How hard is it for an extreme metal band like De Profundis to survive in the current climate where bands have to tour non-stop in order to bring money back into the band?

It’s never easy, fortunately we all have another job. Four of us teach music as our main earner. I don’t really anticipate De Profundis to become our main earner, we are now finally breaking even generally compared to losing money. Hopefully we will be making some money in the future but trust me we don’t do this for money!

Historically, the UK has had a tough time when it comes to being internationally recognised in terms of extreme metal compared to Sweden and Florida for example. Yes, there are Carcass and Cradle of Filth but what is it, do you think, that prevents British bands from reaching the next level?

I am so fucking fed up with people just looking at Scandinavian bands as the beacon for extreme metal. The UK has great bands as well but we just don’t get the financial support from the government like Scandinavian bands get. Just being on tour for UK bands is harder so it’s not a level playing field and I don’t see this changing with Brexit around the corner. We anticipate things to get tougher for us to tour in Europe.

Following on from this, De Profundis have gone from self-releasing their own first album to now being on an internationally renowned label. All the hard work is beginning to pay off, but what do you think De Profundis need to do to maintain and build on this recent success?

We need to continue releasing albums at a regular interval. Also with this album and all the videos we will be releasing it will allow us to keep the momentum going for the next 18 months.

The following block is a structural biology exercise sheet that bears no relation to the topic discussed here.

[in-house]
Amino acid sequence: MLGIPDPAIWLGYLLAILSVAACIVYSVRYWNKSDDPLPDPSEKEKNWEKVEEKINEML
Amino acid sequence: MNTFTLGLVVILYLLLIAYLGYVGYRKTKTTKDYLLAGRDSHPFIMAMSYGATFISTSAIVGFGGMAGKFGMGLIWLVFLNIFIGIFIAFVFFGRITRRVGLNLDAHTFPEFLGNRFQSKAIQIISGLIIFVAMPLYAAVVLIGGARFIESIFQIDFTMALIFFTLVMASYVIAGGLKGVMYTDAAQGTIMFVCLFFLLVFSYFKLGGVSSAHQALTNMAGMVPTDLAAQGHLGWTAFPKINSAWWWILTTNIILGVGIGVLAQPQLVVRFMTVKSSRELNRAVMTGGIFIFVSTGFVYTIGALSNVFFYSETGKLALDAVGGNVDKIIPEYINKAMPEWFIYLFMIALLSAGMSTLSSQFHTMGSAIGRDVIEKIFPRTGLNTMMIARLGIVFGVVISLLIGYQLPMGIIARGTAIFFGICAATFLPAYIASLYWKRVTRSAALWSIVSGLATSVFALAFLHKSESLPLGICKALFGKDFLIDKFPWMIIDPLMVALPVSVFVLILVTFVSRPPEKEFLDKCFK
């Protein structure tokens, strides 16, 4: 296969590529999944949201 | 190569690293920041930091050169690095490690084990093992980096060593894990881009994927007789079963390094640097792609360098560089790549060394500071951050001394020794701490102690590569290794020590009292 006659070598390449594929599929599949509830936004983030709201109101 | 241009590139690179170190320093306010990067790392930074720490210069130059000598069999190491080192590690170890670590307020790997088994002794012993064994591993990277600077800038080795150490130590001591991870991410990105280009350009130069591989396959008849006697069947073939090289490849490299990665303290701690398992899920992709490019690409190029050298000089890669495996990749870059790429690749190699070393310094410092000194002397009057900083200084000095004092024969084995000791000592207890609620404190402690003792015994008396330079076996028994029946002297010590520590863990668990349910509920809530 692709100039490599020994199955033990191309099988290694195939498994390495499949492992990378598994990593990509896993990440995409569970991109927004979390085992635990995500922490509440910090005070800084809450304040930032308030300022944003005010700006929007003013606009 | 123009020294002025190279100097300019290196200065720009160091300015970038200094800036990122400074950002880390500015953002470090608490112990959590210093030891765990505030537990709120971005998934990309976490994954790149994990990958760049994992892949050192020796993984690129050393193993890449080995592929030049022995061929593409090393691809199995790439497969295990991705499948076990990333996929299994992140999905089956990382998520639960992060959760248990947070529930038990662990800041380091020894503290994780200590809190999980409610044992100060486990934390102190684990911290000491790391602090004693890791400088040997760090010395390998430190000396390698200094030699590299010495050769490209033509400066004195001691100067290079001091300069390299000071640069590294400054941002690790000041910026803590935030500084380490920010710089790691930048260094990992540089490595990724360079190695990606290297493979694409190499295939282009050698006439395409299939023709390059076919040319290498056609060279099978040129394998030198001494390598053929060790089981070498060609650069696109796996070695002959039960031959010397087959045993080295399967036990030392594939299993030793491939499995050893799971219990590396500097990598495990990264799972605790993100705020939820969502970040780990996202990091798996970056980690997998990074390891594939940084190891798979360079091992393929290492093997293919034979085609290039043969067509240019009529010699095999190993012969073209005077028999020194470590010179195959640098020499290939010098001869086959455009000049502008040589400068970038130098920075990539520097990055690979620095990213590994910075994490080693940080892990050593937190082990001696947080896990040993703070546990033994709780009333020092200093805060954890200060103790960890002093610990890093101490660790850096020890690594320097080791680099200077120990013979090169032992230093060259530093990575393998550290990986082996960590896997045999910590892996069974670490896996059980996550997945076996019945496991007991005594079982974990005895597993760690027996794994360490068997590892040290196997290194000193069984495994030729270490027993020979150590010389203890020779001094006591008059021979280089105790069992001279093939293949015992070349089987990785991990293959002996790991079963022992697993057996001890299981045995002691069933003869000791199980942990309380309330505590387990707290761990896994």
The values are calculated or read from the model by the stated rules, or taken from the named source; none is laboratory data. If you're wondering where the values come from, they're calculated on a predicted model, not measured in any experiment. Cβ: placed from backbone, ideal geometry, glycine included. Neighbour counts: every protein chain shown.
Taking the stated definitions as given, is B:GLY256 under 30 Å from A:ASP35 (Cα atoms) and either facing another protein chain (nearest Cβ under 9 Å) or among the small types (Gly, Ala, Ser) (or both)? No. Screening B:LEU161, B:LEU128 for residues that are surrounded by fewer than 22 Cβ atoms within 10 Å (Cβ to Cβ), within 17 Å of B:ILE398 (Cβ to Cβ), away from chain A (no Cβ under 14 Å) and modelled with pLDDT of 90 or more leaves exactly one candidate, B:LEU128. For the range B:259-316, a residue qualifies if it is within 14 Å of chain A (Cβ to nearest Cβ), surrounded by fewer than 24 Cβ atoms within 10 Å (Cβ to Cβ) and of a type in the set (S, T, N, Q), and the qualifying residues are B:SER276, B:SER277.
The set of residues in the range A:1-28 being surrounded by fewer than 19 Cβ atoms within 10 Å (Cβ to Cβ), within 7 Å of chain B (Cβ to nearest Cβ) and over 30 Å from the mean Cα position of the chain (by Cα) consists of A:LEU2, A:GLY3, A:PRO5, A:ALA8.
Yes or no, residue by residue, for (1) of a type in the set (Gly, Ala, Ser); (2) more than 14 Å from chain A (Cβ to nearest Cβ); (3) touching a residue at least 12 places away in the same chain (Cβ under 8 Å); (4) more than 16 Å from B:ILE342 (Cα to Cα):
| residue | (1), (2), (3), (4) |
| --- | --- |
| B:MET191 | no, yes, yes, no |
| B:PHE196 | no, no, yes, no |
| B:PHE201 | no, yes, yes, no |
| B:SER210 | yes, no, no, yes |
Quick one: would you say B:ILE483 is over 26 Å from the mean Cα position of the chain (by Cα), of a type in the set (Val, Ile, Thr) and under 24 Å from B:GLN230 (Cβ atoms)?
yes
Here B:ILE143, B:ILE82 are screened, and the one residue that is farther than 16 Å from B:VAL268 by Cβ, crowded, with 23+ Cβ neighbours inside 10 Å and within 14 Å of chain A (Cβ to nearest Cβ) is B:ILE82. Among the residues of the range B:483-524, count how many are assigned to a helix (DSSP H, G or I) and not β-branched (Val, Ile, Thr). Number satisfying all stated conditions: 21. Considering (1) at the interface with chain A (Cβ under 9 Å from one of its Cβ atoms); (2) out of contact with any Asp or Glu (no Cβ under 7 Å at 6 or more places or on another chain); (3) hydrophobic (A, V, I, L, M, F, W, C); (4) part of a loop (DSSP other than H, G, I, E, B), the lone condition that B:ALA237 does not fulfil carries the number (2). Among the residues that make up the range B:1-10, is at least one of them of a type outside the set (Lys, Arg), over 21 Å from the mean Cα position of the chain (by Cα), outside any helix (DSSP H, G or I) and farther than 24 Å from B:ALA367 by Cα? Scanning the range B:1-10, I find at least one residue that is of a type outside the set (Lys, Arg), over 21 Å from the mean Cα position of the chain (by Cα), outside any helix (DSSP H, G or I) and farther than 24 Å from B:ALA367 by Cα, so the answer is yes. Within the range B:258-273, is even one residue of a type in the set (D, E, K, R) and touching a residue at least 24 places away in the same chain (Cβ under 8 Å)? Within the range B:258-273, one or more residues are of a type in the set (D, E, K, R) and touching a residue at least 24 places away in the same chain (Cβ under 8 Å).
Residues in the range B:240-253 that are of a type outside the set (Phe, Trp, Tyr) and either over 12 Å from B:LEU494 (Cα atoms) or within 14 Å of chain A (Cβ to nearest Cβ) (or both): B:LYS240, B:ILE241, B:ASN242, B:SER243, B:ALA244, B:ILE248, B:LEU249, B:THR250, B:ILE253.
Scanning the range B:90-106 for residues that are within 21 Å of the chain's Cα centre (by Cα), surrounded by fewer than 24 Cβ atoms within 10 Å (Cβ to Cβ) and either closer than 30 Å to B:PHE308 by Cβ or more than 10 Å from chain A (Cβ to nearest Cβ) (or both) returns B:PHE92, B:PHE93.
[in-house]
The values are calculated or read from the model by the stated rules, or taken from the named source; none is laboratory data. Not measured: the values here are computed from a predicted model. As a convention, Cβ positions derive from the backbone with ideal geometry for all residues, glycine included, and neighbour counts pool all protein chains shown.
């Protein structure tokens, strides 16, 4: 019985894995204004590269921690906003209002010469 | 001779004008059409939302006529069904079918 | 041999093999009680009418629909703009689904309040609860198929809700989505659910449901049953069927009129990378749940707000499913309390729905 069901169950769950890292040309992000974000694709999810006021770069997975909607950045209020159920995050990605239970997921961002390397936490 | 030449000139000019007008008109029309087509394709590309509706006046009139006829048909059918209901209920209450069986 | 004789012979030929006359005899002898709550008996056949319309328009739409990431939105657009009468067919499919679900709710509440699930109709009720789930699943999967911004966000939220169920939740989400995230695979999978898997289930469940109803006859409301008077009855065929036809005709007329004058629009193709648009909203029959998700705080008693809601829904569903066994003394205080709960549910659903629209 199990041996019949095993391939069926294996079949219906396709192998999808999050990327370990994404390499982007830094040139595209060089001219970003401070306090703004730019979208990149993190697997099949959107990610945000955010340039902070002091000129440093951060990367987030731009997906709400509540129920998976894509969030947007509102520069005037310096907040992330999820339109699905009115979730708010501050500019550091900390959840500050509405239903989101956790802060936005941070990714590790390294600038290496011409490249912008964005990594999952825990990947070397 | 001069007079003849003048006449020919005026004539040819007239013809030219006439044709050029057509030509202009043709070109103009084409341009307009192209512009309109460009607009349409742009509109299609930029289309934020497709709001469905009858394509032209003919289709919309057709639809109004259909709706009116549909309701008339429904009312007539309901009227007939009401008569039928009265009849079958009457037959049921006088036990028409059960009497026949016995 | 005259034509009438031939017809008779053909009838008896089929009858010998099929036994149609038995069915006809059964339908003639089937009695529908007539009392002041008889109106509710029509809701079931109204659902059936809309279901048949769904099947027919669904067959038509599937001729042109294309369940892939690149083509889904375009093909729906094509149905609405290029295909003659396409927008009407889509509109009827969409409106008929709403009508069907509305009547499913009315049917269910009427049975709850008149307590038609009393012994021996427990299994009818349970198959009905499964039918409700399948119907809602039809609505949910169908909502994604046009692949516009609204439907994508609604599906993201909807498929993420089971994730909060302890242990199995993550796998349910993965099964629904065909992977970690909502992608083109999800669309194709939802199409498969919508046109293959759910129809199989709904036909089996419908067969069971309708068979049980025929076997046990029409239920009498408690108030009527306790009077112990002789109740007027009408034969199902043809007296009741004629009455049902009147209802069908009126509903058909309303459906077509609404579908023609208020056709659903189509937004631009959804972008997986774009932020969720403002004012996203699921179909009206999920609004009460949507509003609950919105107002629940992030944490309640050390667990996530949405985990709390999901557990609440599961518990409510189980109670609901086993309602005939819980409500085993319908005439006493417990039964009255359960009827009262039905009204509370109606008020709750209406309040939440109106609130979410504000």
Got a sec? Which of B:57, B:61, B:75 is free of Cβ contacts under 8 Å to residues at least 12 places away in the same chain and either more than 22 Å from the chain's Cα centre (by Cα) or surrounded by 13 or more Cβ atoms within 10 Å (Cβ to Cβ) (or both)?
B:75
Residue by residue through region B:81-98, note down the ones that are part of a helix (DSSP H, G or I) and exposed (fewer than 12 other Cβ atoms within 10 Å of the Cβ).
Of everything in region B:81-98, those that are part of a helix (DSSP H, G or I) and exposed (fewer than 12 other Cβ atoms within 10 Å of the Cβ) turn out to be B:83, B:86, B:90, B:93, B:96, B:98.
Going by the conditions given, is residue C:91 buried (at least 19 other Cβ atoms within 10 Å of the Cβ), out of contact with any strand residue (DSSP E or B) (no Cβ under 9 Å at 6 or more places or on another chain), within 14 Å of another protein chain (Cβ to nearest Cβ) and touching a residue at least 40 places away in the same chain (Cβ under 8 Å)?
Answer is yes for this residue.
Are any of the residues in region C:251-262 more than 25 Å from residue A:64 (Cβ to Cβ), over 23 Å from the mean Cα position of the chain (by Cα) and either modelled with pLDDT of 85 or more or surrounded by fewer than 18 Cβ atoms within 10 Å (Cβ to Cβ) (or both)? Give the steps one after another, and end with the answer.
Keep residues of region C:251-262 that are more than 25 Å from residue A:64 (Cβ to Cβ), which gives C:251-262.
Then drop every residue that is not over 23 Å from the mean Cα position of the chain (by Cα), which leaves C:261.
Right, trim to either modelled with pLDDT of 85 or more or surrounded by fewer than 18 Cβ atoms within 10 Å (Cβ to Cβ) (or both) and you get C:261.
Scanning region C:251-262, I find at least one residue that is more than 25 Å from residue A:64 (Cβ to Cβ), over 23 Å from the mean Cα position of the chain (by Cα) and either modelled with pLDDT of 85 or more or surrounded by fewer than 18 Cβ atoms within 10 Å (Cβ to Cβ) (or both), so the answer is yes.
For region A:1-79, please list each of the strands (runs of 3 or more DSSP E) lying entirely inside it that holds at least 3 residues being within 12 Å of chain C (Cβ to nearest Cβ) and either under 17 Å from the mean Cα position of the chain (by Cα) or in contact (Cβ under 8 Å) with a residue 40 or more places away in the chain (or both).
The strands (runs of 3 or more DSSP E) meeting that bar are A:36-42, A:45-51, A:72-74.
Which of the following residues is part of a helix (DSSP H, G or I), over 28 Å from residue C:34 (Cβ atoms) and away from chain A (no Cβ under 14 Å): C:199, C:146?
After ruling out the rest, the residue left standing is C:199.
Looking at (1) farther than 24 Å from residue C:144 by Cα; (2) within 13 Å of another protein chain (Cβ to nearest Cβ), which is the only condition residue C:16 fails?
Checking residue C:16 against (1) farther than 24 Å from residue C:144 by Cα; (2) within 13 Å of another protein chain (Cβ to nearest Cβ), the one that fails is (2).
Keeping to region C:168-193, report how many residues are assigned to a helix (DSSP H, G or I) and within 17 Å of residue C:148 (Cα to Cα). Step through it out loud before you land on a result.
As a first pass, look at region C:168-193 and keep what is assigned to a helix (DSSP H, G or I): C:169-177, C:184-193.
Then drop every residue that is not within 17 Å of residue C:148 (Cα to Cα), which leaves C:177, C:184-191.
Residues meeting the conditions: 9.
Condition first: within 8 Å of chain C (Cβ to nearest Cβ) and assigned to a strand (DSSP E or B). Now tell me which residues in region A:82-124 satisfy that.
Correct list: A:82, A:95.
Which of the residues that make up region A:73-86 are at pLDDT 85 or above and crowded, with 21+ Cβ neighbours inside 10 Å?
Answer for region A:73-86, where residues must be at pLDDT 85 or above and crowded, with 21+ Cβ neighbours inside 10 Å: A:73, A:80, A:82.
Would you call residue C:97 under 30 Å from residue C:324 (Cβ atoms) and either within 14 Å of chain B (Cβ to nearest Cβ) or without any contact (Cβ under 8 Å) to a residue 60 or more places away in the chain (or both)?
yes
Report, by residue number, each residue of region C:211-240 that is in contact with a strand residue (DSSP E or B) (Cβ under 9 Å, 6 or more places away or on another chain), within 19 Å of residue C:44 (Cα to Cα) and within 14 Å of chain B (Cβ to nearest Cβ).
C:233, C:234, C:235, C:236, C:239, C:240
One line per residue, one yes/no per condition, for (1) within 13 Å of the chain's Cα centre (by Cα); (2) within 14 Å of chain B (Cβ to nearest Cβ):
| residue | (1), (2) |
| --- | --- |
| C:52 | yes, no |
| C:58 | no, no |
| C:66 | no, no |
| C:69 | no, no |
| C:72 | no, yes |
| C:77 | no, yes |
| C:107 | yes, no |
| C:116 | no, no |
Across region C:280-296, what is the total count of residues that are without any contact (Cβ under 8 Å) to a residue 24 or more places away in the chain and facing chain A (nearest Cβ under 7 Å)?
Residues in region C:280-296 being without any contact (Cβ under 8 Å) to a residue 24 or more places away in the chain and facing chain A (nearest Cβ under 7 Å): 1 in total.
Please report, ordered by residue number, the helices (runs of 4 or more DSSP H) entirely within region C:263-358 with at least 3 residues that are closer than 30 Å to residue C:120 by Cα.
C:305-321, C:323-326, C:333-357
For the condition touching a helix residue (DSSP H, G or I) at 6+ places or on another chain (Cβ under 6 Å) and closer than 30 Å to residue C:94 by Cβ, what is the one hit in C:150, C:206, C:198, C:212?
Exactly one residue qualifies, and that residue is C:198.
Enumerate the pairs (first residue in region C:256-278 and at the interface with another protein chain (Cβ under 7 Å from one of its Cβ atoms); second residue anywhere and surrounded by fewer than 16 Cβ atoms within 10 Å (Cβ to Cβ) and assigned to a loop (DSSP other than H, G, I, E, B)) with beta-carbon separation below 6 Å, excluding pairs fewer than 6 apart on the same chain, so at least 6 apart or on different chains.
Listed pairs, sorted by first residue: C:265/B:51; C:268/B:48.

What would be your plans for the band in 2018?

We have a lot of touring planned, we plan to play as many cities and town across the UK. We’re hoping to finalise a European tour very shortly. Watch this space …

A fun question to end this interview.  If you were a DJ and were allowed to bring 5 CDs to the party, what would they be?


  1. Death – Symbolic
  2. Judas Priest – Painkiller
  3. Iron Maiden – Somewhere In Time
  4. Metallica – And Justice for All
  5. Morbid Angel – Covenant

Any last message for our readers here at Moshville Times?

We’ve known Moshville Times for some time and we are always grateful for the support you’ve given. We look forward to seeing your team at Bloodstock!

The Blinding Light Of Faith is out now via Transcending Obscurity Records

De Profundis: official | facebook | twitteryoutube | bandcamp



About The Author


As Trevor Peres of Obituary once said, "Anything to do with Death, Dying or being Chopped In Half, then I'm into it". Been into death metal since the late 80's and a lover of dark ambient, its simply a case of opposites attract.